Wells Fargo Atlanta HQ.

As noted by various reputable news sources, it appears that the United States Consumer Financial Protection Bureau may be seeking to fine Wells Fargo up to $1 billion dollars for its corporate misbehavior. In light of the massive scope and persistence of Wells Fargo’s criminality, in my opinion such a “punishment” would amount to a shockingly lenient outcome, a mere slap on the wrist and would breed cynicism, sending out the wrong message.

As an active lifelong member of the death penalty abolition movement, I never thought the time would come when I would see any benefit to be derived from an execution. Now that time has come. Wells Fargo turned the tide for me. The determination that Wells Fargo, in violation of its fiduciary responsibilities to its depositors, committed widespread fraud upon those depositors by creating dummy accounts in their names over several years, among other fraudulent actions, marks the company as one of the worst of the worst. Such racketeering enterprises should result in the complete forfeiture of Wells Fargo’s right and opportunity—and that of its corporeal accomplices—to ever have, use or hide behind any corporate veil again. Its total incapacitation ought to be brought about in the public interest.

In the case of Citizens United v. Federal Election Commission, the United States Supreme Court treated corporations—fictional economic structures created by the State—the same as it treats natural persons and held that such artificially created legal persons have First Amendment rights the same as ordinary people do. That decision occasioned former Secretary of Labor Robert Reich to remark that he’d “believe corporations are people when Texas executes one.”

Secretary Reich’s humorous challenge is not as far fetched as it may seem at first blush.  It is established law that corporations can be convicted of criminal wrongdoing. To execute a corporation convicted of criminality, all that would be needed would be a court order, authorized by law, revoking its corporate charter forever and forbidding that corporation and its convicted human accomplices—culpable managers, officers, employees, agents and investors—from ever again doing business through the use of any corporate entities, names or aliases, directly or indirectly. The use of nominees would be strictly forbidden.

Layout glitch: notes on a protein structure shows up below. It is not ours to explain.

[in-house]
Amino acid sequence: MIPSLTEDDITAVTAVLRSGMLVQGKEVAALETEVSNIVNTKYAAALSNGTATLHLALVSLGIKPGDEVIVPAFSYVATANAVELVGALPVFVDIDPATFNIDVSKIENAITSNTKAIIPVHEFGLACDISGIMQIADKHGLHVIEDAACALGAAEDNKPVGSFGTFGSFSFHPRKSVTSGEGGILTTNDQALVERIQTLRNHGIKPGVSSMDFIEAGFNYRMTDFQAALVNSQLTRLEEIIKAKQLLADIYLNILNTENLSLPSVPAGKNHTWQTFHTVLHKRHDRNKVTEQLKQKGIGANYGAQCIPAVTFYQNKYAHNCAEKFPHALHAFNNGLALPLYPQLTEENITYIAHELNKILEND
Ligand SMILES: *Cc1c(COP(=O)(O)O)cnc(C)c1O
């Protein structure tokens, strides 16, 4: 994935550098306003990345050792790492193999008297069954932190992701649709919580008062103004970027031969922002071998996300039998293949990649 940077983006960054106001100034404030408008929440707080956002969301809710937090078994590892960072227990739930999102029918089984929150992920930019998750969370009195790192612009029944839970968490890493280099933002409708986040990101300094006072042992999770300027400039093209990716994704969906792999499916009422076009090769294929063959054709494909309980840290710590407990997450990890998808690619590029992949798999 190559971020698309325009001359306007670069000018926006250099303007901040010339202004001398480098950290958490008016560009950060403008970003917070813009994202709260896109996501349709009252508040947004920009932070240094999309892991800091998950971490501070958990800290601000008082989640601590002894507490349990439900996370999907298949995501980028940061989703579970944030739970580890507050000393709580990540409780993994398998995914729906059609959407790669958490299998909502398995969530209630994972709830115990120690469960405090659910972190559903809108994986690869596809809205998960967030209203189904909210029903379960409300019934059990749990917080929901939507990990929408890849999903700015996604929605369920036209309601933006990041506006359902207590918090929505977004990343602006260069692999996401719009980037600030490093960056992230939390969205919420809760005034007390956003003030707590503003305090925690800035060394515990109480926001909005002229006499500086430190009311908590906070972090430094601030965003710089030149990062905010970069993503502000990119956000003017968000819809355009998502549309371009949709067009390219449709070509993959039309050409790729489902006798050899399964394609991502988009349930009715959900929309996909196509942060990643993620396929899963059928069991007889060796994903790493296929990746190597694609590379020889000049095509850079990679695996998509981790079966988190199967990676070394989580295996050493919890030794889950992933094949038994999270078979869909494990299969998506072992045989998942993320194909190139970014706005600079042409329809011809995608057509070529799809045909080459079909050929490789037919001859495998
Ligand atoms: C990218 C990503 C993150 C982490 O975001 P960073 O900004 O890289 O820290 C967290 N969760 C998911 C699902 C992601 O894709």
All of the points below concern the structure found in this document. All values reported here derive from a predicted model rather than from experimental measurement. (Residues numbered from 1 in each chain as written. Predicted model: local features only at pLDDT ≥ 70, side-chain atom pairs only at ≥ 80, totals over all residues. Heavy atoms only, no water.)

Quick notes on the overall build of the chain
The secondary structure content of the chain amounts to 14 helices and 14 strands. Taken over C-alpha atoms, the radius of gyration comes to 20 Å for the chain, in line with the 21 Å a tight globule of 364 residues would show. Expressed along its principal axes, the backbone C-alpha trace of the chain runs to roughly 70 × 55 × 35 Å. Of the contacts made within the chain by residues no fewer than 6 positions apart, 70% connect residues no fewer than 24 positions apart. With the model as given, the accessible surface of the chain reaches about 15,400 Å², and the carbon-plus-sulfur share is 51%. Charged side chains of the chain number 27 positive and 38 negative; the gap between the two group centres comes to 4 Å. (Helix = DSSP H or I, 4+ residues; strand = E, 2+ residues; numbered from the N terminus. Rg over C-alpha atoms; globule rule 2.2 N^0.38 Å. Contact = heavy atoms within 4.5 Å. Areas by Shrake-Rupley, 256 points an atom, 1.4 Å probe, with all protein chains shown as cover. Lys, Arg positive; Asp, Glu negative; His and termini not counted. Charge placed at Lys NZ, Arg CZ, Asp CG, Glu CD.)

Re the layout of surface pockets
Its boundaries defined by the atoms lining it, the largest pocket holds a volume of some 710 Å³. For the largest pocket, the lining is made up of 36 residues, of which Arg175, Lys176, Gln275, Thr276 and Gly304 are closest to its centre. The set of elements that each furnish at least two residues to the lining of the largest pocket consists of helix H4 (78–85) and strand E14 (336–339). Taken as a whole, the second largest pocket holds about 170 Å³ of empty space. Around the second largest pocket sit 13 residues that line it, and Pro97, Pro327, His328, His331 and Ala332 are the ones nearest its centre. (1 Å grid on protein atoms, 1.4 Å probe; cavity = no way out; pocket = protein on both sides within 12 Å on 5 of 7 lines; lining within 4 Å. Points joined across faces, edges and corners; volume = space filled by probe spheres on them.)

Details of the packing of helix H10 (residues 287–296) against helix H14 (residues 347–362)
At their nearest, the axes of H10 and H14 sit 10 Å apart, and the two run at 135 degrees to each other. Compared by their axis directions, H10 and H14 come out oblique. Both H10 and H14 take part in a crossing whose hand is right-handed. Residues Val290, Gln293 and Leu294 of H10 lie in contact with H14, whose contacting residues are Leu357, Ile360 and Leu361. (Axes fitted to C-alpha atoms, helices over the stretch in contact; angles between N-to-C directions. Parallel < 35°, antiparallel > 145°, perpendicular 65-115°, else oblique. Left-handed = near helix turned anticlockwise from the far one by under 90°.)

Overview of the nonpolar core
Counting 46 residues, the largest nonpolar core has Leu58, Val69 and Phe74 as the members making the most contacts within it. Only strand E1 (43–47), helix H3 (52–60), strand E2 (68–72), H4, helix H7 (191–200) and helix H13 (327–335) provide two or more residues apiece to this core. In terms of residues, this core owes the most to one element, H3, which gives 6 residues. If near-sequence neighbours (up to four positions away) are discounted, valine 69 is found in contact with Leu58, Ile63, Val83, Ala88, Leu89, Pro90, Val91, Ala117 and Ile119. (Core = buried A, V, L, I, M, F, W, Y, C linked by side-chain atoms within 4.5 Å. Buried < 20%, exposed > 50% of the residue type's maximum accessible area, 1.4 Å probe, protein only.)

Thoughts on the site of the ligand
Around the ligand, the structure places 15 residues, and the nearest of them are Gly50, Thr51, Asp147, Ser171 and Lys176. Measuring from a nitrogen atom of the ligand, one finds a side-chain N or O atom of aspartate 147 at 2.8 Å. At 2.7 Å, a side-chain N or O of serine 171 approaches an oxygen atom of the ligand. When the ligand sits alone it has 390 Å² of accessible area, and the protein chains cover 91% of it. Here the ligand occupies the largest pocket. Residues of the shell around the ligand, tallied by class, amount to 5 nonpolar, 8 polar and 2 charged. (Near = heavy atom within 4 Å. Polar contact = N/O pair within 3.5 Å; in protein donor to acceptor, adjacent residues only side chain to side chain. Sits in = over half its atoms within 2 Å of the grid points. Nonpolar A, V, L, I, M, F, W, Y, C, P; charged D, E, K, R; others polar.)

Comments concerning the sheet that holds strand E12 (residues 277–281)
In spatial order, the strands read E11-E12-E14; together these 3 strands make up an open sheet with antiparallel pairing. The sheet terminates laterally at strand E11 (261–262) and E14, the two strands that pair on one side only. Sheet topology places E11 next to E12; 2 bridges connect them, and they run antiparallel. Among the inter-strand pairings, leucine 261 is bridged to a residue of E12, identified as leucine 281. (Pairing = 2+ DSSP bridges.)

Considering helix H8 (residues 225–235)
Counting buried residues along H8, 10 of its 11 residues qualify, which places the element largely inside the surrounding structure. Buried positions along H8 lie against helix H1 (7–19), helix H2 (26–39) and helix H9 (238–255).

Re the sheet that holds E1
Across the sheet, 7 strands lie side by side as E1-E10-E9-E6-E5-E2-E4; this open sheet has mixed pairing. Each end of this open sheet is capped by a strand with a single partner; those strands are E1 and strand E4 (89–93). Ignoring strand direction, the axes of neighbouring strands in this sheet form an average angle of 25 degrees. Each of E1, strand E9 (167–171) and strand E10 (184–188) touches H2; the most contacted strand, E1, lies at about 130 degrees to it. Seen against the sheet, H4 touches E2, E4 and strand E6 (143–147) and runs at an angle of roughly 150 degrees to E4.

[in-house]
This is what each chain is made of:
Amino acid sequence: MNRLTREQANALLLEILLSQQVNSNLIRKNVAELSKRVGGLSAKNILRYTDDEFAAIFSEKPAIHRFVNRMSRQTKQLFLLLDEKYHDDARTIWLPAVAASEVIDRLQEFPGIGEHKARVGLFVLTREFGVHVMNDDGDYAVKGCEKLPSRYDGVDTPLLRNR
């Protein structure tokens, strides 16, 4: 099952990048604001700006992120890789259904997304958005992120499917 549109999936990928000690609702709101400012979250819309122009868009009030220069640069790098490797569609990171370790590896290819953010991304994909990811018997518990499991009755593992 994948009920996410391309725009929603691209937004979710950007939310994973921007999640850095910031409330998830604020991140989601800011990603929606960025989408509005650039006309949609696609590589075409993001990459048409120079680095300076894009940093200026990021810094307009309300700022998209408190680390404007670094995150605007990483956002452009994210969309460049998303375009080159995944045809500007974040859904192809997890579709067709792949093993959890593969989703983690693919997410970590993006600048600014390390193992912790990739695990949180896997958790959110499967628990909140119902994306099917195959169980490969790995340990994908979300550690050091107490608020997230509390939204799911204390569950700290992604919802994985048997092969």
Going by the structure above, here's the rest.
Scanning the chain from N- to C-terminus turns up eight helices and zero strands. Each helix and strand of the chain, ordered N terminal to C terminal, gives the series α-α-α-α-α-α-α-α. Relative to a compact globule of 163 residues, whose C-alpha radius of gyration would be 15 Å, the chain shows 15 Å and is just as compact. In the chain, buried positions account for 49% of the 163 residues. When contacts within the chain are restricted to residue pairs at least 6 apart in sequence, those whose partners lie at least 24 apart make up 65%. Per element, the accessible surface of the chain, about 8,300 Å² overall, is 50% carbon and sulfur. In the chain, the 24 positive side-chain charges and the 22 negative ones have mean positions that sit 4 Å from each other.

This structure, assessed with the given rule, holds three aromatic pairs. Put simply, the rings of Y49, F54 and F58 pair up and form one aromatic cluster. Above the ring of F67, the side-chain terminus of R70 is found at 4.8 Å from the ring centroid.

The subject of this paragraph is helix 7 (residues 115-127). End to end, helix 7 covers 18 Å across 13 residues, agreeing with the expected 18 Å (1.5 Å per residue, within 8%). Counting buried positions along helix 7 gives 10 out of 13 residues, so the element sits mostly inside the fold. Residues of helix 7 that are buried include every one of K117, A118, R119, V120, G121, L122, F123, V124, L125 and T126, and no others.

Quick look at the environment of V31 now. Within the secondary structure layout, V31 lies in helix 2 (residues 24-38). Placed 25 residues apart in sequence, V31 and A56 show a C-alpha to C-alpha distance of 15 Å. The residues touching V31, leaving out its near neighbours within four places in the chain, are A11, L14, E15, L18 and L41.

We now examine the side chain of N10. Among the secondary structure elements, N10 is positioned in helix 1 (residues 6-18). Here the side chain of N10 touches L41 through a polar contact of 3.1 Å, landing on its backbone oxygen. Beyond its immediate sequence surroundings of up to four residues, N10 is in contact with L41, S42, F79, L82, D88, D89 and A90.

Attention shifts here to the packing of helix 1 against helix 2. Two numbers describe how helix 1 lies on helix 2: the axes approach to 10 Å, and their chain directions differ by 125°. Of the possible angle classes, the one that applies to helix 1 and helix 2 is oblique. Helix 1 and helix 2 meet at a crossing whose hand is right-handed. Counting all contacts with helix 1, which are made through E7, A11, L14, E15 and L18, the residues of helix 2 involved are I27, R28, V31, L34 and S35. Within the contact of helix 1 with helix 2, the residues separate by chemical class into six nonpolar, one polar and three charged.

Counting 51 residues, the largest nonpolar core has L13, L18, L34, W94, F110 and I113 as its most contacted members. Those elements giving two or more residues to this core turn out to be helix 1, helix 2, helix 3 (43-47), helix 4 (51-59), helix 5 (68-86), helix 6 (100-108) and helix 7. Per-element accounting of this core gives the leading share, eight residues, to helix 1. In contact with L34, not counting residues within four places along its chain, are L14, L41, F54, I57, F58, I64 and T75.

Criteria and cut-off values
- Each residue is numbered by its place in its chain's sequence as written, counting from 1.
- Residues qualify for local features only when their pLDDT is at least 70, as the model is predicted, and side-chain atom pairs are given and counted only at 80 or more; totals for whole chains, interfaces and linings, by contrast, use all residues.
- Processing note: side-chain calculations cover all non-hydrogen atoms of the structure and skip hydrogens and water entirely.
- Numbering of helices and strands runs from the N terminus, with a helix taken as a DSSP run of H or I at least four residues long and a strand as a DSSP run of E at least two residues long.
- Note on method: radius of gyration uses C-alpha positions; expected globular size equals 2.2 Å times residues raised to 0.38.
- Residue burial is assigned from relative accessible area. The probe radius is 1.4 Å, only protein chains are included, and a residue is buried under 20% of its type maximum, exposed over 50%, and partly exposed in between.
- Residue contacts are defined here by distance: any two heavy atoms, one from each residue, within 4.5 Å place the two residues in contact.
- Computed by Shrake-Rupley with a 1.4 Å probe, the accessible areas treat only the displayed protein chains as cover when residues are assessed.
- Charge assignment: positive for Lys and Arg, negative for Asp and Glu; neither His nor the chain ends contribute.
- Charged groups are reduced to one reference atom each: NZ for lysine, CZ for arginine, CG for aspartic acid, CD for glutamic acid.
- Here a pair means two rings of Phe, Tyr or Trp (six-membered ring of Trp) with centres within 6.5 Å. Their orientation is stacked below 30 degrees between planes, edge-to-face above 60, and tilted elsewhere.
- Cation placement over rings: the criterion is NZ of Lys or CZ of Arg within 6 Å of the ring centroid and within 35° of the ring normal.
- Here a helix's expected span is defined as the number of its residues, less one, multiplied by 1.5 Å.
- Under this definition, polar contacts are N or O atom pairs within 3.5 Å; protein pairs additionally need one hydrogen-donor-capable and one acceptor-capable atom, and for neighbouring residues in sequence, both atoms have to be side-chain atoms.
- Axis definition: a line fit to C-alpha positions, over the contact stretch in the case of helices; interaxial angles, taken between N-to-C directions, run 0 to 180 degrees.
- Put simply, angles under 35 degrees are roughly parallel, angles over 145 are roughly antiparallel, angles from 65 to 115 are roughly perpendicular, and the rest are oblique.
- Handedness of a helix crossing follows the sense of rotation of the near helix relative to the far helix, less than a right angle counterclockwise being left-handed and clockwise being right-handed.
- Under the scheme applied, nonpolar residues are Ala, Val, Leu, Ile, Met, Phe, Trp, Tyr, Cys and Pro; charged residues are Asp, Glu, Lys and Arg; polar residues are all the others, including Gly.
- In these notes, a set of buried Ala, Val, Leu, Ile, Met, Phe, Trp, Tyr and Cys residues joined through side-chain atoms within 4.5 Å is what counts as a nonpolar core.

The opportunity to do business as a corporation is not an absolute right but a privilege conferred by the State. Inasmuch as corporations are entirely creatures of the State, what the State gives, the State can take away. A corporation, born when the State breathes life into it by receiving its Certificate of Incorporation and issuing to it a corporate charter, ceases to exist when that corporate charter is revoked. Like the execution of a human being, at that point the corporation ceases to exist. In effect, it has been executed.

The execution of a culpable corporation would be immaculate. There would be no need for gurneys, strap down teams, searches for usable veins or procuring drugs to bring about death. A convicted criminal corporation and its human accomplices would simply be barred from ever again creating or using corporate identities in conducting their future business activities. While they would retain their right to engage in business transactions, in doing so, they would be limited to the use of their own real names with absolutely no use of any corporate identities being permitted to them. No more legal fictions or masks would be allowed, promoting openness and transparency, allowing for easy public scrutiny of their future business operations and discouraging criminal recidivism.

Significantly, the elimination of the corporate veil would also end the existing limits upon financial liability for a convicted corporation and its human accomplices—the present system under which victims of criminal corporate rapacity, in satisfying damage awards obtained against their victimizers, are limited to corporate assets alone, with perpetrators’ personal wealth being off-limits, completely shielded and immune from seizure.  In other words, there would be complete personal financial liability backed to the hilt by perpetrators’ own personal wealth, readily available to recompense their victims to the full extent of any harm that they inflict.

Beyond Wells Fargo, other corporate executions are also warranted and should follow that precedent, once established.

William M. Erlbaum is a retired justice of the New York State Supreme Court.